Carson and Barnes Circus, in the 1960s

Saturday, September 15, 2007

Saturday Night Showbiz Take-Outs: Fighting Over the Fat Lady; A Dog and His Man; A Funeral for Laughs; A Backyard Lady Tells All ...

While we hover on the edge of ringless lots hoping not to see more tents tumble, let’s recall those five fabulous brothers from Baraboo who started out so united, and as time went on, splintered off into a million fractions that somehow miraculously held together. Here, for example, is a curve that could have felled weaker partners: The incredible nerve of John Ringling voiding a fat lady contract signed by Al for her to appear with Ringling, which Al and Charles ran —— so that greedy John could ink the same dame for Barnum & Bailey, which he and Otto ran. This juicy disclosure amazed me in Jerry Apps’ excellent tome, Ringlingville. The author, though, makes little dramatic uproar over such disturbing incidents, preferring I guess to hold up the glossy image of the Big Five forever in collegial lockstep. As we have long known, it turned uglier by the year as one by one the boys passed onto the Big Lot, leaving only John and Charles to battle it out in a sad escalating rivalry. And what a farce that turned into. A must read for all Ringlingphiles

Imperfectly in tandem, a man and his sweet dog. You’ve heard it said how a mute can resemble the man who feeds it. Here is one for the books, made in tinsel town. Seated outdoors At Fred 62 on Vermont, a man dining across from me had a cute little dog, sitting up nervously at his feet in a limping manner “He really is devoted to you,” I commented. “No, he wants some food,”said the man. Sure thing, once favored, the mute turned his gaze upon me. And a little later when the man got up to walk away, the little dog limped off. So, too, in a more pronounced manner, did his keeper. So utterly touching. A sight I will never forget. Only in L.A.

Rating the Circus Web sites: This time around and to my great delight, I’ll be joined on a three-judge panel by my own sister, Kathy, who will bring an outsider’s point of view. Then there is Ron “Sazzie,” like I, a long-running circus nut. Each of the sites will be graded in six categories: first impression; routing information; visuals of the show; ticketing; press or customer feedback; and last impression. The three of us will score individually (without consulting or comparing notes), and the sites will be ranked in order by simple adding up of our numbers. The most points any circus can receive, if they get a perfect “5" in each of the six categories, is a victorious 30. Three critics times 30 equals 90 points max. A few peeks reveal to me that some shows have made changes, warranting a second look by Showbiz David, Consumer Courts Division.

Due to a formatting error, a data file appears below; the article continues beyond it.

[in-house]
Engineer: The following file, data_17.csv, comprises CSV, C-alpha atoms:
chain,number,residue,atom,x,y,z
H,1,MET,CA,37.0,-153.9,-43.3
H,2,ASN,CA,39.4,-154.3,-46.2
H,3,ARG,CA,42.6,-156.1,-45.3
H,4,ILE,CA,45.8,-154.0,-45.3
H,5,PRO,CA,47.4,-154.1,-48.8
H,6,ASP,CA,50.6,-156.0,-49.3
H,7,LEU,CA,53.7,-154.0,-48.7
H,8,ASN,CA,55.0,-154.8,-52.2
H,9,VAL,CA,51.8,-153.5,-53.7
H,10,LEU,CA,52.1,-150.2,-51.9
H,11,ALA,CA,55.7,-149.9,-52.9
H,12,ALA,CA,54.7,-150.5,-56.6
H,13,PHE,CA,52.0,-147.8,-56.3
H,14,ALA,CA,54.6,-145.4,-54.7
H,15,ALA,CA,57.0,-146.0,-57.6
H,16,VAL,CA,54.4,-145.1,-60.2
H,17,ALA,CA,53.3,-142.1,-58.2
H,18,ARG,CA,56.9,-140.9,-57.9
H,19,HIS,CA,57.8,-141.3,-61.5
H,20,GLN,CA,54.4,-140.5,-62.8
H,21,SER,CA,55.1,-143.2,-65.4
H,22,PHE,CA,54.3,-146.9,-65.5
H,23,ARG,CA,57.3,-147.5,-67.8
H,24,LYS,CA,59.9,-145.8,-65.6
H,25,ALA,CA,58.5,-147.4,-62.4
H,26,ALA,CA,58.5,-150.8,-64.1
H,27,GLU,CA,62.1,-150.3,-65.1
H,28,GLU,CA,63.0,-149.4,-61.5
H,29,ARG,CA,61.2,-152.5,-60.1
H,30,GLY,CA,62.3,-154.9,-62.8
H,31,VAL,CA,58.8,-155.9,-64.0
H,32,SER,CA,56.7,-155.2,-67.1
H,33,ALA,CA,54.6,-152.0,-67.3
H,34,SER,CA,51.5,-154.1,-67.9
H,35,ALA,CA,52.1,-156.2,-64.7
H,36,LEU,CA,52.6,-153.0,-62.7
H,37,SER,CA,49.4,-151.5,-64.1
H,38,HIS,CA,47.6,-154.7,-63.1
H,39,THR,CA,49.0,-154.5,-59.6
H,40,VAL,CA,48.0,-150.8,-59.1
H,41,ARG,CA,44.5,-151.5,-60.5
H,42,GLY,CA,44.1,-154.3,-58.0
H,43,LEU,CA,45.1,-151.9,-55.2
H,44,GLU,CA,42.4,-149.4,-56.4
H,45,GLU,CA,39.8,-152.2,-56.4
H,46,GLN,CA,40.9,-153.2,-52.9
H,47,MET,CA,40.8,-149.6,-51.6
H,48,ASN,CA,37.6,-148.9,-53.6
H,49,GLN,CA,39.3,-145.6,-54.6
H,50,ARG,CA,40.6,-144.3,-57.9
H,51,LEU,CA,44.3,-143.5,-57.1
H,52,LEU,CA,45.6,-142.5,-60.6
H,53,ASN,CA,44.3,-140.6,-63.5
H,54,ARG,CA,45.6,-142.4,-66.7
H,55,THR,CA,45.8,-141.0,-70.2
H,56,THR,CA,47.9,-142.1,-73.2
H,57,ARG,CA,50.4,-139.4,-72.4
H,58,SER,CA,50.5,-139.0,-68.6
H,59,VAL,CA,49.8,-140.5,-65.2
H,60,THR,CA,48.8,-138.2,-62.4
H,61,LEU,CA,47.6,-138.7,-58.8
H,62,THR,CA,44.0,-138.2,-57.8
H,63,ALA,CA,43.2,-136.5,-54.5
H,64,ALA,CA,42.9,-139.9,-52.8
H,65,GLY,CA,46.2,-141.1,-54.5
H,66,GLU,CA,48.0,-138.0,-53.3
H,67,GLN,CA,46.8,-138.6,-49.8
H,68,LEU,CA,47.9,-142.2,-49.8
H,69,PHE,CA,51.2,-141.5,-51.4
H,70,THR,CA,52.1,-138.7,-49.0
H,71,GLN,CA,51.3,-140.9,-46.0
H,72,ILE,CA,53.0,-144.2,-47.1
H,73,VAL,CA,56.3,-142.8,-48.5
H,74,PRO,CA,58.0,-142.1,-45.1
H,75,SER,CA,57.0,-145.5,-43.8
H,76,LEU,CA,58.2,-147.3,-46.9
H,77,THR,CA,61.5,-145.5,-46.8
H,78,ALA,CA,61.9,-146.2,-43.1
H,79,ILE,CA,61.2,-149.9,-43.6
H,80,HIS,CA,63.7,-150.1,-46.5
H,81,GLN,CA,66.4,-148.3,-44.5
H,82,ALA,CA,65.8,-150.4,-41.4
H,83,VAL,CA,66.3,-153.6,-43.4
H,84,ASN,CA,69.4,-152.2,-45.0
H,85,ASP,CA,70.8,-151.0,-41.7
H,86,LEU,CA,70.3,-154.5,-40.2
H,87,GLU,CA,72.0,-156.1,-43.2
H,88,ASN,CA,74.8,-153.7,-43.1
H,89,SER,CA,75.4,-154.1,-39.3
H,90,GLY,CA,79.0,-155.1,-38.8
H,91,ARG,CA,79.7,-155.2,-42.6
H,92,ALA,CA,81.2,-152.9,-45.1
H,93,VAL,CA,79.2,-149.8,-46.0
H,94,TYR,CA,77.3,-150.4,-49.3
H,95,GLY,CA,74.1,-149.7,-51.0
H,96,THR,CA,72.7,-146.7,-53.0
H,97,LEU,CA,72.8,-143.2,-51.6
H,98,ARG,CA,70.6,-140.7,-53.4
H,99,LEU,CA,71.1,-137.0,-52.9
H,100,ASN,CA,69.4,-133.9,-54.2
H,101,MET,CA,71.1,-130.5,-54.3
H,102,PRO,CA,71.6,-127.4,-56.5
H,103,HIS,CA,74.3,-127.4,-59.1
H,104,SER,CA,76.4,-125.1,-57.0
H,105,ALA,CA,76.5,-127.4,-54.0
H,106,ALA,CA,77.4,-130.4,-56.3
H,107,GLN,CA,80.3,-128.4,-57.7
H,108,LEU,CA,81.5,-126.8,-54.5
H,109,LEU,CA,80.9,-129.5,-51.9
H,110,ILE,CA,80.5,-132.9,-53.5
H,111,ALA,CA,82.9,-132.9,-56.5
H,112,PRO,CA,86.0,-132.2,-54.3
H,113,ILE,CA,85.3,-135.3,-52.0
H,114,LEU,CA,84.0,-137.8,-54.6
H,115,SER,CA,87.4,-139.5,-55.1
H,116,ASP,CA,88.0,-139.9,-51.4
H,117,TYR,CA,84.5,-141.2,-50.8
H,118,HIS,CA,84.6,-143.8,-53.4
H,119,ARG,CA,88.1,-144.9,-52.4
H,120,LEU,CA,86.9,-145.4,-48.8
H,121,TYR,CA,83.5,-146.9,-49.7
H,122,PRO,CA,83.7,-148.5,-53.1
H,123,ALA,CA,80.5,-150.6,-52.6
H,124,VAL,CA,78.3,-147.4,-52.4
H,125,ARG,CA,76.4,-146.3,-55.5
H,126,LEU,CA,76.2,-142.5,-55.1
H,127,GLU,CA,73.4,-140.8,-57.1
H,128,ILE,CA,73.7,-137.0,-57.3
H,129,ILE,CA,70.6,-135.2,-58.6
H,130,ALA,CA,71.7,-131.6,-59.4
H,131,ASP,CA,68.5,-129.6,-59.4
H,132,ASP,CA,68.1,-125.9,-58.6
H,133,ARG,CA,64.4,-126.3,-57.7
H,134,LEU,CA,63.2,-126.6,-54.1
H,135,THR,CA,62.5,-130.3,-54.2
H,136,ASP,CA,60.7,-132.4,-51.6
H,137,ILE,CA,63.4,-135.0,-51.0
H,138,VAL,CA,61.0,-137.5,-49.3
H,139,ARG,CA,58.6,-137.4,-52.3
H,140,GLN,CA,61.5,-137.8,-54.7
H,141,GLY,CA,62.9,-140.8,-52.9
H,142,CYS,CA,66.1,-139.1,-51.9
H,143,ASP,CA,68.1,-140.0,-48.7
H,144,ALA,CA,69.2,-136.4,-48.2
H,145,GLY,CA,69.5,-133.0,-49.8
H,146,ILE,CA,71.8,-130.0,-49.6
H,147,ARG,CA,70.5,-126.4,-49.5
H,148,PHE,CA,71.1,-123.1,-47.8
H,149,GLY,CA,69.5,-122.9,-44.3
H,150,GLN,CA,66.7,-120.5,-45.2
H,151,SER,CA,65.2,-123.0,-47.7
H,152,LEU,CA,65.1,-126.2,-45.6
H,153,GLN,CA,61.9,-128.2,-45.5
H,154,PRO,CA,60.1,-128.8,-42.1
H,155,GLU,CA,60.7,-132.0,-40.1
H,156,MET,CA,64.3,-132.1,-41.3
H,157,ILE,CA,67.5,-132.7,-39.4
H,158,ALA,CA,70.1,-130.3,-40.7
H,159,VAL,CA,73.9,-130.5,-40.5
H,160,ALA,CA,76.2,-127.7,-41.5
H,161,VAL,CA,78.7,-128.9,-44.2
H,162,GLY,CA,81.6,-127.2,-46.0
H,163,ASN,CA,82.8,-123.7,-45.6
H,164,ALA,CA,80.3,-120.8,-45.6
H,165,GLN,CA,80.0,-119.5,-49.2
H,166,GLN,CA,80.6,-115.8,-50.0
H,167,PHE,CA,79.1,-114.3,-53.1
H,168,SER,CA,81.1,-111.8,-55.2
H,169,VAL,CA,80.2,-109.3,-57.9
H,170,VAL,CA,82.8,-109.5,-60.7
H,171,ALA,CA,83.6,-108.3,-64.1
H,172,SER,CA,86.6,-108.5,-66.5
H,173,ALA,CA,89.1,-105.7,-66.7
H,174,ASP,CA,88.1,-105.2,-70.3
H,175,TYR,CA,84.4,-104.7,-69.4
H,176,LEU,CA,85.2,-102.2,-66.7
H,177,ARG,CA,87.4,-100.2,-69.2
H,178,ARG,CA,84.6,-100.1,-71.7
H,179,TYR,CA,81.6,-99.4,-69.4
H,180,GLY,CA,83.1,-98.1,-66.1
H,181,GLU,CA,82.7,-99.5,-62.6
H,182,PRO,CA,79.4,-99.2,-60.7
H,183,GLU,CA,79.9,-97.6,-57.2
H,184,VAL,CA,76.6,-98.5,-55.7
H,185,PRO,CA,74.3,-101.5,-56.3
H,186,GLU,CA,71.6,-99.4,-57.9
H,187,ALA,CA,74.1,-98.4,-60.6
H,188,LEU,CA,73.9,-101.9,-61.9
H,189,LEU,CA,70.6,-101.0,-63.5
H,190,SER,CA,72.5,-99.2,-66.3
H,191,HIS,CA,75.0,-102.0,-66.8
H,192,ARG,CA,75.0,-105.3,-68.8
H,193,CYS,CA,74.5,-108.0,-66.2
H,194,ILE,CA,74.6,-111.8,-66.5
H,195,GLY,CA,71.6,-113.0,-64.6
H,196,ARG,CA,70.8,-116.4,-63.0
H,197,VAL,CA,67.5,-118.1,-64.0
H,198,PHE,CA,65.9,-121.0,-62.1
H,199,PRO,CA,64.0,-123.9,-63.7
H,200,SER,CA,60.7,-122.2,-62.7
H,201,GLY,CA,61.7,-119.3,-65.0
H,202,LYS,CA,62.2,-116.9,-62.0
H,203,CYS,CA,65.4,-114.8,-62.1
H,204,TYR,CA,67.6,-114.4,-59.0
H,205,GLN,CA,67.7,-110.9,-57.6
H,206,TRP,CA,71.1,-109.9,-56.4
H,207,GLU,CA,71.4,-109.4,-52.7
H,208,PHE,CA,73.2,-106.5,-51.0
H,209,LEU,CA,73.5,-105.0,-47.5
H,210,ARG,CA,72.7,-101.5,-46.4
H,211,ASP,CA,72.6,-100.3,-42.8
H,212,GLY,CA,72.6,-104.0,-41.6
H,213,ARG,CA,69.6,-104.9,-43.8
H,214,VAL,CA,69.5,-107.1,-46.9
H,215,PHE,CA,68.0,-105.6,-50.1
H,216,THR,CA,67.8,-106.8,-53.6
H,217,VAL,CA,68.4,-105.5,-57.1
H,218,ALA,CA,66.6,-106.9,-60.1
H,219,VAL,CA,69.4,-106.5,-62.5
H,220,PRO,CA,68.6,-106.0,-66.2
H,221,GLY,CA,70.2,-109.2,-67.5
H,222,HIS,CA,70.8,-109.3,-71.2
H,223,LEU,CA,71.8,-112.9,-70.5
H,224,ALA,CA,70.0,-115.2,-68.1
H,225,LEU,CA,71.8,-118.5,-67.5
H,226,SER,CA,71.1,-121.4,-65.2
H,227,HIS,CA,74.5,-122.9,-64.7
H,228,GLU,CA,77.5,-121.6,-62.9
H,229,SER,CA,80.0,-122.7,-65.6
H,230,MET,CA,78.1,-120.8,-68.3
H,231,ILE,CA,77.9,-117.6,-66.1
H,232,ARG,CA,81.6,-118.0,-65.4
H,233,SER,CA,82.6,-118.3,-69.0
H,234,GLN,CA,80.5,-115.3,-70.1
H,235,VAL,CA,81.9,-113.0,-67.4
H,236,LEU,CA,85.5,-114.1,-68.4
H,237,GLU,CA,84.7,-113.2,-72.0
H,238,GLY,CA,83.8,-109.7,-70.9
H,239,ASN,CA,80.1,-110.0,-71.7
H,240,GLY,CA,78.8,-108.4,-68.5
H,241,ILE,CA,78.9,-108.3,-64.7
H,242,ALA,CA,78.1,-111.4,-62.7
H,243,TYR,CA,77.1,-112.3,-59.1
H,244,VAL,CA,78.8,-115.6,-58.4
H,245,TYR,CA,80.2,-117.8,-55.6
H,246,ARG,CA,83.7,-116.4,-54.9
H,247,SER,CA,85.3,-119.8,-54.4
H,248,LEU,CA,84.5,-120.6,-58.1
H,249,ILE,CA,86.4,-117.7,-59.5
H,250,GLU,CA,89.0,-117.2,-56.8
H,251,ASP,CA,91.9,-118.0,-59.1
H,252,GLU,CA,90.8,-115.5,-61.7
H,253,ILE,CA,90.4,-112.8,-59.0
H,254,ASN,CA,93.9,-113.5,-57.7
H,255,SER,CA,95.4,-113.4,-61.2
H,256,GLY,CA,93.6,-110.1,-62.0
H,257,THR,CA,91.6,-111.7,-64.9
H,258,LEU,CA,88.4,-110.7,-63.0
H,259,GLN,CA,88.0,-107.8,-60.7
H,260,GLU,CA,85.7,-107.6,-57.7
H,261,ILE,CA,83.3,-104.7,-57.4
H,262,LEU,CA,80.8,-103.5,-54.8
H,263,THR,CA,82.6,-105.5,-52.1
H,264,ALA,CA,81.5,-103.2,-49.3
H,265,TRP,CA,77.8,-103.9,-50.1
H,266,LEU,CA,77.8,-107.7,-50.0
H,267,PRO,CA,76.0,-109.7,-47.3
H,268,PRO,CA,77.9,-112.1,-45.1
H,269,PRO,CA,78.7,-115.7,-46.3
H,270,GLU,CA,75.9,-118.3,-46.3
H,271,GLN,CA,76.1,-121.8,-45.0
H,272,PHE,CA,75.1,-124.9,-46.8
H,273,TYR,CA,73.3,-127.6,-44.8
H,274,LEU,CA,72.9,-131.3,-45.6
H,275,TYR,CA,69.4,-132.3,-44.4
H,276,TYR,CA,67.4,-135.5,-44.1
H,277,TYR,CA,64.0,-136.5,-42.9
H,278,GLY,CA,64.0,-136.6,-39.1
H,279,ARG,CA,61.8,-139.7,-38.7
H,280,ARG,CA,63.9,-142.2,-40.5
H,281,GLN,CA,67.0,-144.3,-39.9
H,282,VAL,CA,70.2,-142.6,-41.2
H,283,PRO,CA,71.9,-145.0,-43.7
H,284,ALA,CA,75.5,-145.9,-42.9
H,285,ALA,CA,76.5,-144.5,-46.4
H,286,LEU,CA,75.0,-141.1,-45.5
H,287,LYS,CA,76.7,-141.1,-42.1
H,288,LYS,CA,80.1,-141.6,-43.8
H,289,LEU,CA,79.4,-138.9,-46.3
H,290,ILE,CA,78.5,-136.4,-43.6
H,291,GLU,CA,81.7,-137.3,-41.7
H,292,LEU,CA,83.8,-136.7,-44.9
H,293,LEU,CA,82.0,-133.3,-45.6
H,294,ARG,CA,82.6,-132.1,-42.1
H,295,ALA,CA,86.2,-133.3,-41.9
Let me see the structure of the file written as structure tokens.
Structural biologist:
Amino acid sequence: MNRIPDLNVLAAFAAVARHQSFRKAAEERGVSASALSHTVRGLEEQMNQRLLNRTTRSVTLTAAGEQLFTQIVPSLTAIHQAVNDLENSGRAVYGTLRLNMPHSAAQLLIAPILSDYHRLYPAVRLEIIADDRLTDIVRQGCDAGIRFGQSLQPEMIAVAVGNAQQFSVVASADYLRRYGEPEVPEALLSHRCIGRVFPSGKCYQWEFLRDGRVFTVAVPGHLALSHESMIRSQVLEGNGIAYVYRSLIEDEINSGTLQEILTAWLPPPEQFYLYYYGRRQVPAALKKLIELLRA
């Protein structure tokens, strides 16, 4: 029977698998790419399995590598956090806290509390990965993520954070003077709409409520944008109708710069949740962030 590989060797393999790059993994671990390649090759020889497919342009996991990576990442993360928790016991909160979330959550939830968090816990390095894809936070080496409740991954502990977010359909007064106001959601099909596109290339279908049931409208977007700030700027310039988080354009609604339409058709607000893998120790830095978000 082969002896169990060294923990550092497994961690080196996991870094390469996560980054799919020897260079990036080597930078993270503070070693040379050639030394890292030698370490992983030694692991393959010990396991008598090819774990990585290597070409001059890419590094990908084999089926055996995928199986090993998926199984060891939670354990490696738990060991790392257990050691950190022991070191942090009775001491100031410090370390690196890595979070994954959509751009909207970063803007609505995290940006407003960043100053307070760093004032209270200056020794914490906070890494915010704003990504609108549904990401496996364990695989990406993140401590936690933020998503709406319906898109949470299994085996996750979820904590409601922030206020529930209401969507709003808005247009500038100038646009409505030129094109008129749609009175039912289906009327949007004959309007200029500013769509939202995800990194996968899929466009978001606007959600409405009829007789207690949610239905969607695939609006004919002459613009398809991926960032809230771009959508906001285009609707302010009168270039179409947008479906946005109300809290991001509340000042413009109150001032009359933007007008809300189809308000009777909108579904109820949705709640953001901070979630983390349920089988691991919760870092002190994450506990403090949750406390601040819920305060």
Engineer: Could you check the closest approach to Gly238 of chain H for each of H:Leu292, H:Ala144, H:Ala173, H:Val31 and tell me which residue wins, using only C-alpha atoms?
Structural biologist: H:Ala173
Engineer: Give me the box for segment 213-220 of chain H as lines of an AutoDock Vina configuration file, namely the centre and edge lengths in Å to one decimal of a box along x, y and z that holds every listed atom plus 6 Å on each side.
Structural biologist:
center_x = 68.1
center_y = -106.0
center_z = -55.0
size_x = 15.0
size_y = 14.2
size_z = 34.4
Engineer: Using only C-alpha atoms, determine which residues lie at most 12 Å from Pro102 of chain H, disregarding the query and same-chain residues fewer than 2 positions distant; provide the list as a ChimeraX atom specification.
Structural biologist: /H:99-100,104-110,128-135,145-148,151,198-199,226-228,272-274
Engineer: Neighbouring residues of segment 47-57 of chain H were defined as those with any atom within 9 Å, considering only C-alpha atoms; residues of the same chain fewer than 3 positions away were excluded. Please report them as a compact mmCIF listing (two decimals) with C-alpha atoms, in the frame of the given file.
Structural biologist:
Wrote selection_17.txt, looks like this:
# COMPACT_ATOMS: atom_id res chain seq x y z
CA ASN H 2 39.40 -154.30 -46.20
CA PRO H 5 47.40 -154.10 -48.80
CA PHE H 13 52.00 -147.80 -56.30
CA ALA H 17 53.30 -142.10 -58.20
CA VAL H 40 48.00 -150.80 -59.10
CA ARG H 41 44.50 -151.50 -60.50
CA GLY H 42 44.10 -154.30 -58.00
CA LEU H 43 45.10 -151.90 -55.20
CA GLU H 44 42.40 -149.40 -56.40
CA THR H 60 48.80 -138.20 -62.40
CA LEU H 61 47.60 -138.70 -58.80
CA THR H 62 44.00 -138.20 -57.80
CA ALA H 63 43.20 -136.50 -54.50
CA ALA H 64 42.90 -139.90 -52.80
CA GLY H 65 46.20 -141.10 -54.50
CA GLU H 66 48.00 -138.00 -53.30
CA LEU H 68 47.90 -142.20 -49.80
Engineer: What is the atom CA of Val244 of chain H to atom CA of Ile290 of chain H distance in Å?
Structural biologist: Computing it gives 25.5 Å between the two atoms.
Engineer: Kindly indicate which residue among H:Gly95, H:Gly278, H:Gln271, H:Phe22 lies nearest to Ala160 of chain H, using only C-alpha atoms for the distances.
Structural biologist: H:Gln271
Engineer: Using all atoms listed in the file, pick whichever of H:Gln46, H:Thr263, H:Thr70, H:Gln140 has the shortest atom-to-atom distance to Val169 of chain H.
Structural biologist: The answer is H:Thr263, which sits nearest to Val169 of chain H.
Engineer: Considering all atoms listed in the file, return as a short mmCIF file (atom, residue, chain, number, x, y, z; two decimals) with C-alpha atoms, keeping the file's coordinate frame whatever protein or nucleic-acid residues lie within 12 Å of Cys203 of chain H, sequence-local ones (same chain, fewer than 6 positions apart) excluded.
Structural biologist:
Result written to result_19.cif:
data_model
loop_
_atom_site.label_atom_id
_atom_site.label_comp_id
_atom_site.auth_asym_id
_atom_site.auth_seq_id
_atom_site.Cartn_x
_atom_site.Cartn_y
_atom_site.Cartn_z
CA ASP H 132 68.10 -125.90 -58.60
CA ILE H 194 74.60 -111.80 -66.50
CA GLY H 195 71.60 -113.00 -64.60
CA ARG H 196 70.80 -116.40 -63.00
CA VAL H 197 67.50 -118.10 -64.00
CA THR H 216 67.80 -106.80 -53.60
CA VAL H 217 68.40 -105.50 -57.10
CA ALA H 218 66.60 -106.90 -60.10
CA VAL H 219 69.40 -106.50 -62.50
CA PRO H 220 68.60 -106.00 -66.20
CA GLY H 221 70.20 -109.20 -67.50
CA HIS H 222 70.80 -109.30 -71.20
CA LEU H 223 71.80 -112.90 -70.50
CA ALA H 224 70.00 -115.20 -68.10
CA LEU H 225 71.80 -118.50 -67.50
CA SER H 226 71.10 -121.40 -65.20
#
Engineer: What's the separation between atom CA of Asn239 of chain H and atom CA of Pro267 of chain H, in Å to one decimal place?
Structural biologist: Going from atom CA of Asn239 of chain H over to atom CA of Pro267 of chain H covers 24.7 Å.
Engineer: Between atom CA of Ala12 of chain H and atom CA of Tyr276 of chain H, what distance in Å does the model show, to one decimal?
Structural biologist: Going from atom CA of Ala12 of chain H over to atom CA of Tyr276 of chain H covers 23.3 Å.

Death at a Funeral: A fabulous new flick ... Is this the funniest-cleverest movie I have ever seen? Call it a comedy gusher full of brilliant surprises from those witty Brits. It has quirky suspense, revealing insights into the precarious social customs that sometimes keep fragile human beings together long enough — maybe, almost – to honor the passing of one of their own. It is nearly perfect in script development, I can’t say enough. Unless you are put off by the ever-changing sexual landscape, Go see it!

Let’s end this with a cozy little visit to Baraboo Barb, who reports having struck occupational gold working a day & nite job at concessions on Ringling’s homey Gold unit; That’s how contented Barb makes it sound, in her own words: “I actually truly love what I do. The public is a hoot, when it’s crazy (2500 people trying to buy in just one hour) I have fun. The downside is a show’s tour ending and a new one being reborn ... people scattering isn’t something I’ve ever been comfortable with...I enjoy the ease of knocking on a trailer door to see what someone’s cooking. I’m flattered when a kid comes knocking on my door.”

Ah, the simple joys of trouperhood. I’m envious, Barb!

And that's a wrap, this one for Billy. Hey, luv, can you hear us up there? What are you cooking up just now?

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